We came in through the entry and showed our various memberships before walking up into the gardens. There are always some nice potted arrangements by the Sullivan Carriage House, and there is a ramp that goes from the Carriage house up along a wall where all kinds of succulents grow and into the gardens; here are a few pictures from that walk up the ramp:

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Today, we visited some areas of the garden we don't visit frequently, and perhaps it might be useful if I showed you a diagram of the gardens on which I can note some of these areas.

On the diagram at right, you can see the walkway up from the entry pavilion (carriage house); this brings us up into the area of what I would call a main plaza. From here, you can go any number of different ways. We chose to go through the Wisteria Arbor, past the main fountain (at Fountain Plaza) and then on into the Halsell Conservatory (through its south entrance).

Just before the arbor, there was a photo op for kids, but I decided to give it a try myself:

We went through the conservatory buildings, coming out via a shaded walkway and up onto the hill where there is an overlook on a high hill. We walked around the north side of the overlook hill, stopped at the amphitheatre for a bit, and then went over to the entry for Texas Native Trail to see a sculpture installation we'd seen advertised back at the Sullivan Carriage House (Entry Building). Then we worked our way back to the entry itself.

Fred and I have been here before when we took lots of pictures, but today was just for wandering around, and so the pictures were relatively few and very occasional. I will just include the best of them here on this page. We can begin with a couple taken as we walked over to Fountain Plaza:

We walked through the wisteria arbor and out onto Fountain Plaza- the centerpiece of which is a long water feature that begins with a fountain on its north end. It is always a great place for pictures.

I had Prudence take a picture of me, Fred and Guy beside the fountain that feeds the long watercourse in Fountain Plaza. The fountain was created in 1985 by Paul Guelich, and was donated to the Botanical Garden by the San Antonio Garden Center.

We took a number of other pictures here around Fountain Plaza:

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From Fountain Plaza, we walked past an area that was blocked off for the construction of a new Entry Plaza for the Botanical Garden, which is being extended to the south, and then the short distance to the first building in the group of buildings that make up the prize-winning Lucile Halsell Conservatory, which opened in February 1988. Argentinean-American Emilio Ambasz, the designer of the futuristic glass project, has a world-wide reputation. This conservatory was the first of his projects ever built and his revolutionary design has been emulated and copied at several other locations. The walkway from the plaza slopes downward and the conservatory is entered at its lowest level through an open-air circular enclosed garden that is below-grade, and provides an entrance into the first of the glass conservatory buildings.

Caladiums in the Open-Air Enclosed Garden

Prudence and Fred in the Open-Air Enclosed Garden

This project presents many new ideas on conservatory design. Most conservatories have all of their display areas connected by hallways or smaller rooms. By using the mild climate of San Antonio, designer Ambasz and local architect Jones Kell have the visitor enter an open-air courtyard; the various "greenhouses" are separate and only accessible via the courtyard. So the area can actually be viewed as five separate conservatories built around the courtyard. Not only does the climate help make this design work, but the arcades (overhead covered areas) also provide protection from the elements.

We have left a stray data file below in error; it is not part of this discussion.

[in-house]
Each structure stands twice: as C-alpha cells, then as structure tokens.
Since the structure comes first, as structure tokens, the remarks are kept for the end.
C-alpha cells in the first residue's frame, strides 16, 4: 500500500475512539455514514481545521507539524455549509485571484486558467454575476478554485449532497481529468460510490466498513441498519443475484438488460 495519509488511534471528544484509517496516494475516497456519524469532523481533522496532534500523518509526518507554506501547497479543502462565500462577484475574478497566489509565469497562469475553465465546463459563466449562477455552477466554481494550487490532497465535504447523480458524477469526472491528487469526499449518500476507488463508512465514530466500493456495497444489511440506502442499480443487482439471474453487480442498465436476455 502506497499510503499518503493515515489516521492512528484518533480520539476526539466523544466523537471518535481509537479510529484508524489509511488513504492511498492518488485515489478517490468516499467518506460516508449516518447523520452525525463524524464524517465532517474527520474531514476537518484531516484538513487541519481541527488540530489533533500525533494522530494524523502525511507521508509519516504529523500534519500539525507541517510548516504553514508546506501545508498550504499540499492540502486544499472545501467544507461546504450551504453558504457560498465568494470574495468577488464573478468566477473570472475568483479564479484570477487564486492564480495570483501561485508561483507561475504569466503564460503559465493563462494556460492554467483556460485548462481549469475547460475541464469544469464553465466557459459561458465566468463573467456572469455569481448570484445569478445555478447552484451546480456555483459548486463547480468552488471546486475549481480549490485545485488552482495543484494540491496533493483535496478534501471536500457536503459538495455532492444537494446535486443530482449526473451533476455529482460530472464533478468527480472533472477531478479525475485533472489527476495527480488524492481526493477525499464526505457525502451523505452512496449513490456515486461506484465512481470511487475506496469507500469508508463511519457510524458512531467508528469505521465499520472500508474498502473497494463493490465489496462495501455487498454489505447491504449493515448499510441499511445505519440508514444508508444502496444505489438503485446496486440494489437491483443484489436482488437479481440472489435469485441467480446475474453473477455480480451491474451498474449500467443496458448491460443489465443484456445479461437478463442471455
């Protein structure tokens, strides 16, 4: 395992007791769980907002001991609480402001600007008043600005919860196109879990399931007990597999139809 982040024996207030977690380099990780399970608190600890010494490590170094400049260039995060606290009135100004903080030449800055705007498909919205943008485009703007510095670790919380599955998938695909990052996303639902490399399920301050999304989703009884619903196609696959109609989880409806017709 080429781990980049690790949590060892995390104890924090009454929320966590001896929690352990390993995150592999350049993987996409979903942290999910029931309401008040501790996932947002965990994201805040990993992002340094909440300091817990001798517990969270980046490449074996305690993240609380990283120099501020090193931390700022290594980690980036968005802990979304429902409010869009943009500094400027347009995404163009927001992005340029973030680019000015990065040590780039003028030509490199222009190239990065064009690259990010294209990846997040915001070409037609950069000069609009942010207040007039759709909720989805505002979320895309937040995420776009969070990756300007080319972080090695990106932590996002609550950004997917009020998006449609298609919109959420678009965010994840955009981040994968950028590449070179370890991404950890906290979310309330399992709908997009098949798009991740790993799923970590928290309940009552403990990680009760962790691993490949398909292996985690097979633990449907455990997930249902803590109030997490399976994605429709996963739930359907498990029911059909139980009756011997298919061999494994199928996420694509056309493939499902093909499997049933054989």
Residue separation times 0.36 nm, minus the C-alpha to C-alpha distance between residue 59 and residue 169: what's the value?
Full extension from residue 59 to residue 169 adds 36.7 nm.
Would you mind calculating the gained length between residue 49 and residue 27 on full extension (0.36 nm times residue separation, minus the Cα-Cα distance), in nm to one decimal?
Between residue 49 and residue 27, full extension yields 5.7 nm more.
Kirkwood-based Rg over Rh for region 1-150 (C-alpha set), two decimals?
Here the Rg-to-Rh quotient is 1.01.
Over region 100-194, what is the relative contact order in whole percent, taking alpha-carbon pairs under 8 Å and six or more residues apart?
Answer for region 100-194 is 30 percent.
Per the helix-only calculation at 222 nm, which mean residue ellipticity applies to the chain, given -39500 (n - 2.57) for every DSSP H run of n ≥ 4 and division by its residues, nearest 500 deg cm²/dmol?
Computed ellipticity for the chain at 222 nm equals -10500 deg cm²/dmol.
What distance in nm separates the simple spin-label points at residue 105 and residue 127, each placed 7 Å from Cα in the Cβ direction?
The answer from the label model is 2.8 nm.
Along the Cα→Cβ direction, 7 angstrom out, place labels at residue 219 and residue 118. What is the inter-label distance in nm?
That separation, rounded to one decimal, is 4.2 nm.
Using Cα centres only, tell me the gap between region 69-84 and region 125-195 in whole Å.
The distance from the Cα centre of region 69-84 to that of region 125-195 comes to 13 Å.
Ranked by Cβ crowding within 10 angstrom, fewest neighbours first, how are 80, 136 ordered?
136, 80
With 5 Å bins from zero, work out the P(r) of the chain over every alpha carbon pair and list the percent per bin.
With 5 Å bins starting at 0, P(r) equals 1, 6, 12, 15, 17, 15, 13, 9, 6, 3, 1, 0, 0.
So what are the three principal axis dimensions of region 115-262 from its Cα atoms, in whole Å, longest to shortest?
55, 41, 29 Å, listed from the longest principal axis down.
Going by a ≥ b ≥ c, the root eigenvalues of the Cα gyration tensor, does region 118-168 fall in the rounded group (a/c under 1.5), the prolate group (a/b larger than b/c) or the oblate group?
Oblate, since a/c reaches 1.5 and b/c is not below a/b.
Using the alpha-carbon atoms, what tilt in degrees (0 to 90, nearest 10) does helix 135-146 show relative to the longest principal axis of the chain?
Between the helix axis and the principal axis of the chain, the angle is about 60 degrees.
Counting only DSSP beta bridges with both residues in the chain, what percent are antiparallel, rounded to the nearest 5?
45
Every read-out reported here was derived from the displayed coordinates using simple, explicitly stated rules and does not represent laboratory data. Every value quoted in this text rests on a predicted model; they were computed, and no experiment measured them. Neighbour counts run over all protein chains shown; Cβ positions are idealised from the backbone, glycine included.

Just through the doors in the picture at right, you pass through a short passageway that has display windows on either side. Inside both these windows are parts of the Botanical Garden's orchid collection.

A unique design feature is the subterranean effect of the Conservatory. As visitors enter the front, they actually go underground through a tunnel. At the entrance, the project is cut into the original grade by three feet, with soil over the entryway. The Palm House is cut 20 feet into the earth, with the original exterior grade surface remaining unchanged.

Basically, all of the rooms are sunken in the ground and have a glass roof at least 18 feet above the floor level. The largest glasshouse, the Palm Pavilion, soars 65 feet at its highest point. The fern room is actually 23 feet below the surface. This design is successful in San Antonio because of the quality and quantity of sunlight. The sun is almost overhead in the summer and only dips 22 degrees above the horizon at its lowest point in the winter.

Another of the rooms is the Kleberg Desert Pavilion, and since Fred is interest in cactus and succulents, we always take a walk through this room. Here are some of the pictures we took in the underground rooms of the pavilions:

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Another unique feature is that only the glass roofs protrude above the earth’s surface. All mechanical rooms, offices, and backup areas are underground, allowing for the very clean, uncluttered look of the landscape. From the below-grade interior courtyard, you can look up and around you and see the other buildings in the conservatory. In the tall palm pavilion, the walkway exits to the outside at the top.